The results are so striking because there is no ready explanation for them.

Full Story Link

Monday, May 01, 2006

Spring Time Is Seafood Time

Seafood stew recipes:

Here are some favorites seafood recipes from Dr. Gabe Mirkin. He has been a radio talk show host for 25 years and practicing physician for more than 40 years; he is board certified in four specialties. Dr. Mirkin's latest book is The Healthy Heart Miracle, published by HarperCollins. He wrote the chapter on sports injuries for the Merck Manual (both lay and physicians' editions), the largest selling book worldwide with over one million copies in print

Seafood Stews: Healthful Recipes from Around the World
By Gabe Mirkin, M.D.

I love the seafood stews that come from almost every region that borders on an ocean! They’re wonderful served over whole grains instead of white rice or pasta. Here are some of my favorites to get you started.

High concentrations of mercury and other toxins have raised concerns about the safety of some seafoods, but this appears to be a turf battle between various fishing interests more than an actual health threat. I believe that the benefits of seafood far outweigh the potential health concerns. If you are pregnant or nursing, check with your doctor for the latest guidance.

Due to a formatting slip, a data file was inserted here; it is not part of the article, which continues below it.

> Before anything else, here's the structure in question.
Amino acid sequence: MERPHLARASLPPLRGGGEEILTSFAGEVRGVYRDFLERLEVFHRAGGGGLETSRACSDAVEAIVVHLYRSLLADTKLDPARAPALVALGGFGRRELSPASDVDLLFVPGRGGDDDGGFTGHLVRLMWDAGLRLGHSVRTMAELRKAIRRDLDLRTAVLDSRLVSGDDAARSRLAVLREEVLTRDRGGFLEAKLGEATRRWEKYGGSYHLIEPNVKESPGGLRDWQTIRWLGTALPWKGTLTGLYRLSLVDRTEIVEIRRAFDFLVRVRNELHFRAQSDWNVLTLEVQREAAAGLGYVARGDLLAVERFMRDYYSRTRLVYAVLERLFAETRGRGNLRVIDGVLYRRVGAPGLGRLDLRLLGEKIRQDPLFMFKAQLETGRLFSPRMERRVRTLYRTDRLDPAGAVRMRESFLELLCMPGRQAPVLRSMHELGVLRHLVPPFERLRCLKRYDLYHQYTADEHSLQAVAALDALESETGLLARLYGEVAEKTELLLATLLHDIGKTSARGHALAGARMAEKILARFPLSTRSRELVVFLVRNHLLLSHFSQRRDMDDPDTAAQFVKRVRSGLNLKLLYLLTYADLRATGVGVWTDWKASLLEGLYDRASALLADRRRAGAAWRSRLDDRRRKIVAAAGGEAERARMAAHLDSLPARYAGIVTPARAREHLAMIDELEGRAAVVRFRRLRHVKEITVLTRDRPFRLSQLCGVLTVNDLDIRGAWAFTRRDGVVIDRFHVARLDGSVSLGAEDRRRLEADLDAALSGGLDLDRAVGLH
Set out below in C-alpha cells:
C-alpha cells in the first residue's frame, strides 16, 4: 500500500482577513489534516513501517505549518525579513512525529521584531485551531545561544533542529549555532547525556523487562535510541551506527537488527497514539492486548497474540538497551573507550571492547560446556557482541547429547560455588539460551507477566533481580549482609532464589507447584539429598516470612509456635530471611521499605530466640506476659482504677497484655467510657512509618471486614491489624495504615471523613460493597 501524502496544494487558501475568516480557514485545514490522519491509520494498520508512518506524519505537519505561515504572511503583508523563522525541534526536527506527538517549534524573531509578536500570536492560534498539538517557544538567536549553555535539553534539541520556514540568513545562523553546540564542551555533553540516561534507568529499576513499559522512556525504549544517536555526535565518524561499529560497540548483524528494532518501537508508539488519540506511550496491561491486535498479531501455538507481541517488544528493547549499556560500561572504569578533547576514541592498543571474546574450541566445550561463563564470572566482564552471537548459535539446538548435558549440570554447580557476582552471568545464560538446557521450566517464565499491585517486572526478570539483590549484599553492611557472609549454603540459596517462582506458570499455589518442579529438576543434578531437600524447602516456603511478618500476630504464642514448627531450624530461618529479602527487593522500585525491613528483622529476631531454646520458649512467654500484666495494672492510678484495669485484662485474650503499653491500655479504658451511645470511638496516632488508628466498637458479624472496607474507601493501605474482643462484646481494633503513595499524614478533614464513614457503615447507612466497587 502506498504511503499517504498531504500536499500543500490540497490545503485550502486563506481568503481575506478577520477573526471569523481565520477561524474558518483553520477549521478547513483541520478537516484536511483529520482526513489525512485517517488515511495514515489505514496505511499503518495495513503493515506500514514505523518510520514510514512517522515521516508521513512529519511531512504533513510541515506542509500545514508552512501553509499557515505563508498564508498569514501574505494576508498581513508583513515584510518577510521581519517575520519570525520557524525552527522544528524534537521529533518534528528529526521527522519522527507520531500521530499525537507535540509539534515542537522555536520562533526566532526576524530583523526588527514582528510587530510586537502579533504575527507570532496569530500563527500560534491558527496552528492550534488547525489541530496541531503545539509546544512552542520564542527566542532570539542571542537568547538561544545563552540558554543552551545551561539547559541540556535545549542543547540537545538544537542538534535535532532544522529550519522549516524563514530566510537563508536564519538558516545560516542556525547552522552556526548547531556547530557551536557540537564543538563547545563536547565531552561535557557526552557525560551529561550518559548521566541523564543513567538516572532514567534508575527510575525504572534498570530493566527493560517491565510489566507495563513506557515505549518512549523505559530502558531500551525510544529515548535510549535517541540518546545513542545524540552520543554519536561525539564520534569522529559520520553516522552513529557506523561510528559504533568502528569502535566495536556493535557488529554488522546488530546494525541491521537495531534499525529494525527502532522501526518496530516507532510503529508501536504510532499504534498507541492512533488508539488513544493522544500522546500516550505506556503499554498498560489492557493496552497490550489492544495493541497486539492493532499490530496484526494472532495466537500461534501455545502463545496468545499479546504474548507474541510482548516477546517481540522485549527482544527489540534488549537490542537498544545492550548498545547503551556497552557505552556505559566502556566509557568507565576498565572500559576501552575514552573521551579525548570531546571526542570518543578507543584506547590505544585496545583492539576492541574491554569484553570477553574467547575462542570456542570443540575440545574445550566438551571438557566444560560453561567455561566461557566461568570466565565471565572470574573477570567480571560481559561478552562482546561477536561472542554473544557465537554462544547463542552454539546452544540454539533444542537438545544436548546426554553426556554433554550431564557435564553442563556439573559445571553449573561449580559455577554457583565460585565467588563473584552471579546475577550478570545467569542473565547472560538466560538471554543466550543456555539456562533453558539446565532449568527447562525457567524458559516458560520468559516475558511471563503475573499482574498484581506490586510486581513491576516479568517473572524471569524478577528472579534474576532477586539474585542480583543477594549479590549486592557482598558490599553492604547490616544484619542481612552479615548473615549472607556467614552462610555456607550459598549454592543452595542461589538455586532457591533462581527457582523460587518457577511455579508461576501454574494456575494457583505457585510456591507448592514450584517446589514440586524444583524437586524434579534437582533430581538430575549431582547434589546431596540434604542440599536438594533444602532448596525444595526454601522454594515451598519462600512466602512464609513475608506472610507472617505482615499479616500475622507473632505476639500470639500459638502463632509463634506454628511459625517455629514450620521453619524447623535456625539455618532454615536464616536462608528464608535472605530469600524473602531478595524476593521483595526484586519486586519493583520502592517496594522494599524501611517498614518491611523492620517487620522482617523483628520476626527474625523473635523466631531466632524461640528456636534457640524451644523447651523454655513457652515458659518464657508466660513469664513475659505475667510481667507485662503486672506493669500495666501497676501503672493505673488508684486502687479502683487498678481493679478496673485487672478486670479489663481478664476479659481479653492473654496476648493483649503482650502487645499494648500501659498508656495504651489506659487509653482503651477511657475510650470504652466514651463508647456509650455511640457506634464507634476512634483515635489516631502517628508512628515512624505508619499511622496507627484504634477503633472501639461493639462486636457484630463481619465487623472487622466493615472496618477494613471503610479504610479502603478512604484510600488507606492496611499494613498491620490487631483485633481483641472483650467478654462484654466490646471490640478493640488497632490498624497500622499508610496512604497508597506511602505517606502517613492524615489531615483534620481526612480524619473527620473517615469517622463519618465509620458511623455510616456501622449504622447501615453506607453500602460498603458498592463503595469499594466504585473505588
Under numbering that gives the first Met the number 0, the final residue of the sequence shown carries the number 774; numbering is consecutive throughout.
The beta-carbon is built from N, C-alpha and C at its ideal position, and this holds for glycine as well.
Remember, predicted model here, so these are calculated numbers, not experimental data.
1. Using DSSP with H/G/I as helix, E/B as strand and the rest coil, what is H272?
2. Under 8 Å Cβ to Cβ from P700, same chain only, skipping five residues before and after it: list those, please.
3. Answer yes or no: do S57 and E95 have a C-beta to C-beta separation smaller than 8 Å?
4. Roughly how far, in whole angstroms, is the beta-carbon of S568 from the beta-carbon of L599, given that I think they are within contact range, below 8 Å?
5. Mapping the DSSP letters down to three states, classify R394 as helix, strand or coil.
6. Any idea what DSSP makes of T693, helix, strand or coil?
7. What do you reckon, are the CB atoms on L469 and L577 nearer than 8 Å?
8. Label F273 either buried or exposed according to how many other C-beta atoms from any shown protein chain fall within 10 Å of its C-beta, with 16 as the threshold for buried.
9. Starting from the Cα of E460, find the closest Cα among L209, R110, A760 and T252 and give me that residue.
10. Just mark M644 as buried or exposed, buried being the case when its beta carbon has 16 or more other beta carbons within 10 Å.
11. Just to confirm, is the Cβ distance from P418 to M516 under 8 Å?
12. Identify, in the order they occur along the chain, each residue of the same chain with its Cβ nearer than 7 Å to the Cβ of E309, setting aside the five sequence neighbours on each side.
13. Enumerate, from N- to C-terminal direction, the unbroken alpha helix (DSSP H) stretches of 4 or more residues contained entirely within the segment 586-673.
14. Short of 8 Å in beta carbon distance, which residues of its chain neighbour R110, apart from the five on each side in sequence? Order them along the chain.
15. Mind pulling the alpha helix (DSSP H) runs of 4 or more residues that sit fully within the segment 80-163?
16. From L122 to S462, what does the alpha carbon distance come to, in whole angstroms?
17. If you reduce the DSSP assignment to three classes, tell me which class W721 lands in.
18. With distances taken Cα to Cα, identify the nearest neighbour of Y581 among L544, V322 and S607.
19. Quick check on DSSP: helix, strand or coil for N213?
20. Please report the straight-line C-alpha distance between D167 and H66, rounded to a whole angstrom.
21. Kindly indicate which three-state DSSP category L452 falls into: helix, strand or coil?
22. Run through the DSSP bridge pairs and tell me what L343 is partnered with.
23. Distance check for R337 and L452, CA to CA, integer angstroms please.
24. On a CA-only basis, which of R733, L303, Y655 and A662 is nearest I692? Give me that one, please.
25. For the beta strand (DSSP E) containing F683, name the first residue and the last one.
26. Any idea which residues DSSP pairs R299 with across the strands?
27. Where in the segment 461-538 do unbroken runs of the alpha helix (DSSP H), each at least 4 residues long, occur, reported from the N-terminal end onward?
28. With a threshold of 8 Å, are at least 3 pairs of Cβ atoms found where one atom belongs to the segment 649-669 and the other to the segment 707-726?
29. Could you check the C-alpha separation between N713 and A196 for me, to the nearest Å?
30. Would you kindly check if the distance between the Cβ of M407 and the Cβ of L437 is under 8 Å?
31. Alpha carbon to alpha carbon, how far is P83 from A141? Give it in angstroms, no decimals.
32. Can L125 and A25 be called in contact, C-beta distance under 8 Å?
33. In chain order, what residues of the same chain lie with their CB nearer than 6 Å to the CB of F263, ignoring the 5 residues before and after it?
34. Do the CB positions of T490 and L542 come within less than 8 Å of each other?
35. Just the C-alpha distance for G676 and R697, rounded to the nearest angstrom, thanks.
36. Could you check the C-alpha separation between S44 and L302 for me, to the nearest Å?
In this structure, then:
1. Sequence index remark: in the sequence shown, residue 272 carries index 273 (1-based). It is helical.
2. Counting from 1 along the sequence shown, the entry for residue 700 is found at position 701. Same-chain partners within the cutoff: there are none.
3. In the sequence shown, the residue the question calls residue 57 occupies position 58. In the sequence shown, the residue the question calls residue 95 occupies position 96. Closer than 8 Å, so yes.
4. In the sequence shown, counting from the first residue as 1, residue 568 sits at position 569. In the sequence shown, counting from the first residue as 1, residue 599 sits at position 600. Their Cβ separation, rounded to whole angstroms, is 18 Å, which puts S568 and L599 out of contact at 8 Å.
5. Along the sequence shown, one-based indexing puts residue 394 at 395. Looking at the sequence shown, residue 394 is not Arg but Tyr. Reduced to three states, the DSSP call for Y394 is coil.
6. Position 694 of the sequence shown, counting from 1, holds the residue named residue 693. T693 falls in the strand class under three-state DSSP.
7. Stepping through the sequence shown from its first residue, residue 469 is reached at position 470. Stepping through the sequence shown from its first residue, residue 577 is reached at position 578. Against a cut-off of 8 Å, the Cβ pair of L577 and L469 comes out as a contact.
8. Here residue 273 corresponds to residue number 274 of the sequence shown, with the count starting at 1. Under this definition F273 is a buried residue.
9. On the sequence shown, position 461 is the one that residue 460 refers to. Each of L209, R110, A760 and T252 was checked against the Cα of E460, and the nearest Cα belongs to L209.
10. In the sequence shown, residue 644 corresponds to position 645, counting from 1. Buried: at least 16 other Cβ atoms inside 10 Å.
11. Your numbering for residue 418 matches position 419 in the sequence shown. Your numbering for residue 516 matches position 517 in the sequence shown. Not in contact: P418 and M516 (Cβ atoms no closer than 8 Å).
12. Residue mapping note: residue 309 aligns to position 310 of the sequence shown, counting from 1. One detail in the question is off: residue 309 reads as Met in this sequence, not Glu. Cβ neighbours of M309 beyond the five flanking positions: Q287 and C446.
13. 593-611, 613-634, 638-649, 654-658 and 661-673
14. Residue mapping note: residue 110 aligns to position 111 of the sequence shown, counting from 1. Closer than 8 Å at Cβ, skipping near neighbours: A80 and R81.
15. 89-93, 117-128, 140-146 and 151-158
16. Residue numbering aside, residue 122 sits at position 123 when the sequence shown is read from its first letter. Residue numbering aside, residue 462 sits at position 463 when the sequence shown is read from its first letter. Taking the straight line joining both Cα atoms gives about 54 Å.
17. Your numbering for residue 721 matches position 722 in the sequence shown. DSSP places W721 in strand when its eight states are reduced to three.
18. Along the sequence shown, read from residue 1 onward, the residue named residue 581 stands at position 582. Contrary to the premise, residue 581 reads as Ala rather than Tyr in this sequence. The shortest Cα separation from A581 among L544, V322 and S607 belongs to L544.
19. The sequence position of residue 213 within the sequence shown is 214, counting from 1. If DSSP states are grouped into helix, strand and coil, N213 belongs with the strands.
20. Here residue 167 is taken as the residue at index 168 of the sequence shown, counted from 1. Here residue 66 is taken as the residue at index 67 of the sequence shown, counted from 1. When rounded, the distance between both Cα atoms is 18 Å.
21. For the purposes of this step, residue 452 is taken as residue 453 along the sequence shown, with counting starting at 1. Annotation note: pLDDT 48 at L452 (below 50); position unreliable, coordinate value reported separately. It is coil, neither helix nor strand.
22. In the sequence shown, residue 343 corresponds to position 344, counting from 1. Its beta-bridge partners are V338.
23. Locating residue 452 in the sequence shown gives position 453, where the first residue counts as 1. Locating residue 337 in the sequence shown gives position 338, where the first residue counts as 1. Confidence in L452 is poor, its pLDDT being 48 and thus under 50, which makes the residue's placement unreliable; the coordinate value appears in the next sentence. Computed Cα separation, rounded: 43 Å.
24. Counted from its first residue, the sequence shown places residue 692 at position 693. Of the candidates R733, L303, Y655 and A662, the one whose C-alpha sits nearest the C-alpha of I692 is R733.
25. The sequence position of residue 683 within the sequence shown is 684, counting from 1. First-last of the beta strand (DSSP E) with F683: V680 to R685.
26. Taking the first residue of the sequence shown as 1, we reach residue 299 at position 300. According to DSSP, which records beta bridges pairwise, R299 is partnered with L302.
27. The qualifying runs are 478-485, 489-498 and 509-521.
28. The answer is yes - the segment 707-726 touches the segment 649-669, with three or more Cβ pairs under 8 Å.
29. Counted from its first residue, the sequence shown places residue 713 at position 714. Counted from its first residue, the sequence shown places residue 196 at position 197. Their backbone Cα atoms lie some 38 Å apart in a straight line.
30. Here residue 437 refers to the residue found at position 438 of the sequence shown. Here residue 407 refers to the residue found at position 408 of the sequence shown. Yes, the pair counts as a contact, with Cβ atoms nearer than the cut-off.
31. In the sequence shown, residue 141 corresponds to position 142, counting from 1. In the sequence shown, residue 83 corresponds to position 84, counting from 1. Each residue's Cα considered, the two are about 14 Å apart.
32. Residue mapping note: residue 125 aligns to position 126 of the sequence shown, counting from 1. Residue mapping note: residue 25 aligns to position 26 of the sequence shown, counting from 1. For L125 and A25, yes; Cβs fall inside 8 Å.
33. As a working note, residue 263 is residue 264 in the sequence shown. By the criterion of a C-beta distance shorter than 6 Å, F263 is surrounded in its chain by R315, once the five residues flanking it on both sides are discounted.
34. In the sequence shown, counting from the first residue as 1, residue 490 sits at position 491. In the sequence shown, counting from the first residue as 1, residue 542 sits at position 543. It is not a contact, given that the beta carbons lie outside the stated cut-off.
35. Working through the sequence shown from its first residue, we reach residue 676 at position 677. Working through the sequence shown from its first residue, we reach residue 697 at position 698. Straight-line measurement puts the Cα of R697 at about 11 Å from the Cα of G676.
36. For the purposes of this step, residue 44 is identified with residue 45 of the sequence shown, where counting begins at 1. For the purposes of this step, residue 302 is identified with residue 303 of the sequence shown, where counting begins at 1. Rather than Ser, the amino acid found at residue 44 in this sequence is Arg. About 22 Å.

Cioppino (from Italy)
2 large onions, chopped
4 cloves garlic, minced
2 green peppers, or 1 green and 1 red, chopped
2-3 jalapeno peppers, seeded and chopped, to taste
3 stalks celery, chopped
2 cups bouillon or dry red wine, or some of each
1 28-ounce can Italian plum tomatoes, undrained, broken up
1 6-ounce can tomato paste
1 tablespoon Italian spice blend or oregano
3 small zucchini, halved lengthwise, then cut in 1/4" slices
3 pounds (total) seafood -- your choice: shrimp, squid, any firm white fish cut in 1" chunks, clams, mussels, scallops, etc.
1/2 cup chopped flat parsley
freshly ground black pepper, to taste
cooked whole grains of your choice (optional)

Combine the onions, garlic, peppers, celery and bouillon or wine in a large pot. Bring to a boil, reduce the heat and simmer, covered, 10-15 minutes. Stir in the tomatoes, tomato paste and spice blend and cook 10 minutes more. Add the zucchini. Return the liquid to a boil and add the seafood. Cover the pot, reduce the heat and cook, stirring once or twice, until the seafood is done (5-10 minutes.) Add the parsley and black pepper; serve over whole grains if desired.

8-10 servings

Kejenou (from Africa)
1 large onion, chopped
2 green peppers, chopped
1 cup bouillon + 1 extra teaspoon bouillon granules
8 parsnips, sliced
1 28 oz. can Italian style (plum) tomatoes
1/2 teaspoon cayenne pepper, or to taste
1 teaspoon ground ginger
1/2 teaspoon cinnamon
1/2 pound fresh green beans, sliced, or 1 cup frozen green beans
1 pound firm white fish fillet of your choice, cut in chunks
Cooked whole grains (optional)